|Developer Documentation Overview|
This high-level overview describes the technologies that make up Jive.
The user interface is rendered from FreeMarker, Soy, or JavaServer Pages that are essentially templates to display user and content data. Nearly every major element of the user interface is based on a template, which allows developers to cleanly separate presentation from business logic. Here's a description of the pieces:
For the latest information on supported browsers, see Supported Browsers.
People using the application can customize or personalize the UI by using widgets. Developers can customize the user interface through either themes or plugins.
Feeds are a data format through which people can keep up without needing to view the application itself. People subscribing to feeds can view the feed information as a list of content in a feed reader or web browser.
A community can send or receive email. It sends email when people choose to receive notifications on particular content, such as when a document has been edited or a discussion has received a new reply.
People can send email to the application by replying to notification messages. For example, if someone receives a notification that a discussion has gotten a new reply, they can reply to the notification message, type their own response, then send the email to have their typed response posted as a new reply to the discussion.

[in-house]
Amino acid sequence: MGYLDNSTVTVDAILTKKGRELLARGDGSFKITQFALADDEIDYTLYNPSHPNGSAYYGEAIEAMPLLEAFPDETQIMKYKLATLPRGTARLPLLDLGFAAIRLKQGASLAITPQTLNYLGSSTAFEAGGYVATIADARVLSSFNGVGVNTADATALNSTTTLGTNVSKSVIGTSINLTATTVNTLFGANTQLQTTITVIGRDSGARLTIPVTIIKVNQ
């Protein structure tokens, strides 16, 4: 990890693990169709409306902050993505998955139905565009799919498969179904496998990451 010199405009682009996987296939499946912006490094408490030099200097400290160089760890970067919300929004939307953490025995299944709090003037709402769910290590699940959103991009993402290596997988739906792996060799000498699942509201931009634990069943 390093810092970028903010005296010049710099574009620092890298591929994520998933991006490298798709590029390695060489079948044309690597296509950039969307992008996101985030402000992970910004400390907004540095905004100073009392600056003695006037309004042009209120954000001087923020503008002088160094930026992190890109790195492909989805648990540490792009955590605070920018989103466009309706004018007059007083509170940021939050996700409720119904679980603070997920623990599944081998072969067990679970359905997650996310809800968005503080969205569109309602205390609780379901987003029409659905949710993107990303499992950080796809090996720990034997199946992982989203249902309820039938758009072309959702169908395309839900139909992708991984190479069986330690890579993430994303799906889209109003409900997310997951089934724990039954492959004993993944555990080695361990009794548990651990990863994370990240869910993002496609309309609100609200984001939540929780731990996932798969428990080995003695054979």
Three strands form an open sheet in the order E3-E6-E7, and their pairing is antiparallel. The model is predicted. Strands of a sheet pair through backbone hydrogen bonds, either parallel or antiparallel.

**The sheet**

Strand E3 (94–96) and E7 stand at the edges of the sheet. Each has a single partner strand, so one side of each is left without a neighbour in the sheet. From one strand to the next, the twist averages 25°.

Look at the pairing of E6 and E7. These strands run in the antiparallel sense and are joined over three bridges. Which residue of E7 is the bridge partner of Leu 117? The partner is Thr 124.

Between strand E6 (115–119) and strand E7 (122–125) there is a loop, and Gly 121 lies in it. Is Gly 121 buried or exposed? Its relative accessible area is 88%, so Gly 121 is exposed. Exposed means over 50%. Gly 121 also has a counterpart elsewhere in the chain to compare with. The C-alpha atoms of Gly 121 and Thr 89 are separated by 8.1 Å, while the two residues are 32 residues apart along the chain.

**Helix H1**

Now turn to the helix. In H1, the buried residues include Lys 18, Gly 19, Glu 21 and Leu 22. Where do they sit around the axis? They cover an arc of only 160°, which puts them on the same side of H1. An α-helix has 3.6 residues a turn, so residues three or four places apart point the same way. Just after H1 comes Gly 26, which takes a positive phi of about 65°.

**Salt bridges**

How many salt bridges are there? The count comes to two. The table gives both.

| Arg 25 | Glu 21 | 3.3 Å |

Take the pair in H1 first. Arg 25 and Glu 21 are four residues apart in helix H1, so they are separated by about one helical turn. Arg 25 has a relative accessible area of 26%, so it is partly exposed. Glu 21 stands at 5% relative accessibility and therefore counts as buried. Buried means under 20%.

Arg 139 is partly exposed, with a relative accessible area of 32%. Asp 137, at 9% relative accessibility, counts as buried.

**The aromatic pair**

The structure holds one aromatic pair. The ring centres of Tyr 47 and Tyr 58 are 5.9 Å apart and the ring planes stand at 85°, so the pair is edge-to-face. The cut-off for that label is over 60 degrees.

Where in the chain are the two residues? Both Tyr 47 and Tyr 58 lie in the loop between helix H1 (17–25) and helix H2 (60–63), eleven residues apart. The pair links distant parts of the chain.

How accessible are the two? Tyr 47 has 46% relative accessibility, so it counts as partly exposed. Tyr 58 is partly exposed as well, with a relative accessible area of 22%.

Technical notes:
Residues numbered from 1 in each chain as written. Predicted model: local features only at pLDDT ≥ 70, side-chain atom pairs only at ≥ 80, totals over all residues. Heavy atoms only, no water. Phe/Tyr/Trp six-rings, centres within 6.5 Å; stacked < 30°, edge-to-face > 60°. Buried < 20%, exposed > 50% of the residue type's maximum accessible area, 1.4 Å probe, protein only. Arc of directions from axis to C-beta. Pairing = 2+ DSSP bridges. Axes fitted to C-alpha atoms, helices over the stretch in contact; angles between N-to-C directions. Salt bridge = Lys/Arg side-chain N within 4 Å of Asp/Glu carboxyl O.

The application can also send email for common reasons, such as to follow up on a request to change a password.
Other applications can access functionality using web services. Most of the application's features are available this way, although all new development has used the REST style, and it is recommended for customizations.
The application is based in part on what's known as a model-view-controller (MVC) framework. In MVC, a controller layer manages interactions between what people do in the user interface (the view) and how the application's logic (the model) responds. The controller layer is provided by Apache Struts (the view is FreeMarker or JavaServer Pages, while the model is implemented as Java classes). Application logic responds to the user interface through Struts actions that return results that depend on the nature of the request. Struts is an open source framework.
Developers can write their own Struts actions, usually accompanying user interface additions. Actions are written as plugins.
Application logic is implemented as Java classes. This includes classes for representing the various containers (such as projects) and content types (such as documents), as well as managers for handling them, data access objects for interacting with the database, and classes to support services such as web services, feeds, and so on.
Developers can learn more about the classes exposed as part of the API by taking at look at the Javadoc.
Java classes rely on many classes and libraries provided either by Jive or by third parties. These dependencies are resolved at run time by using a model called inversion of control, or IOC. IOC is supported by the Spring framework. Through the Spring framework, developers can replace default dependencies with their own implementations. For example, a developer could replace a particular security framework with their own.
Spring is an open source framework.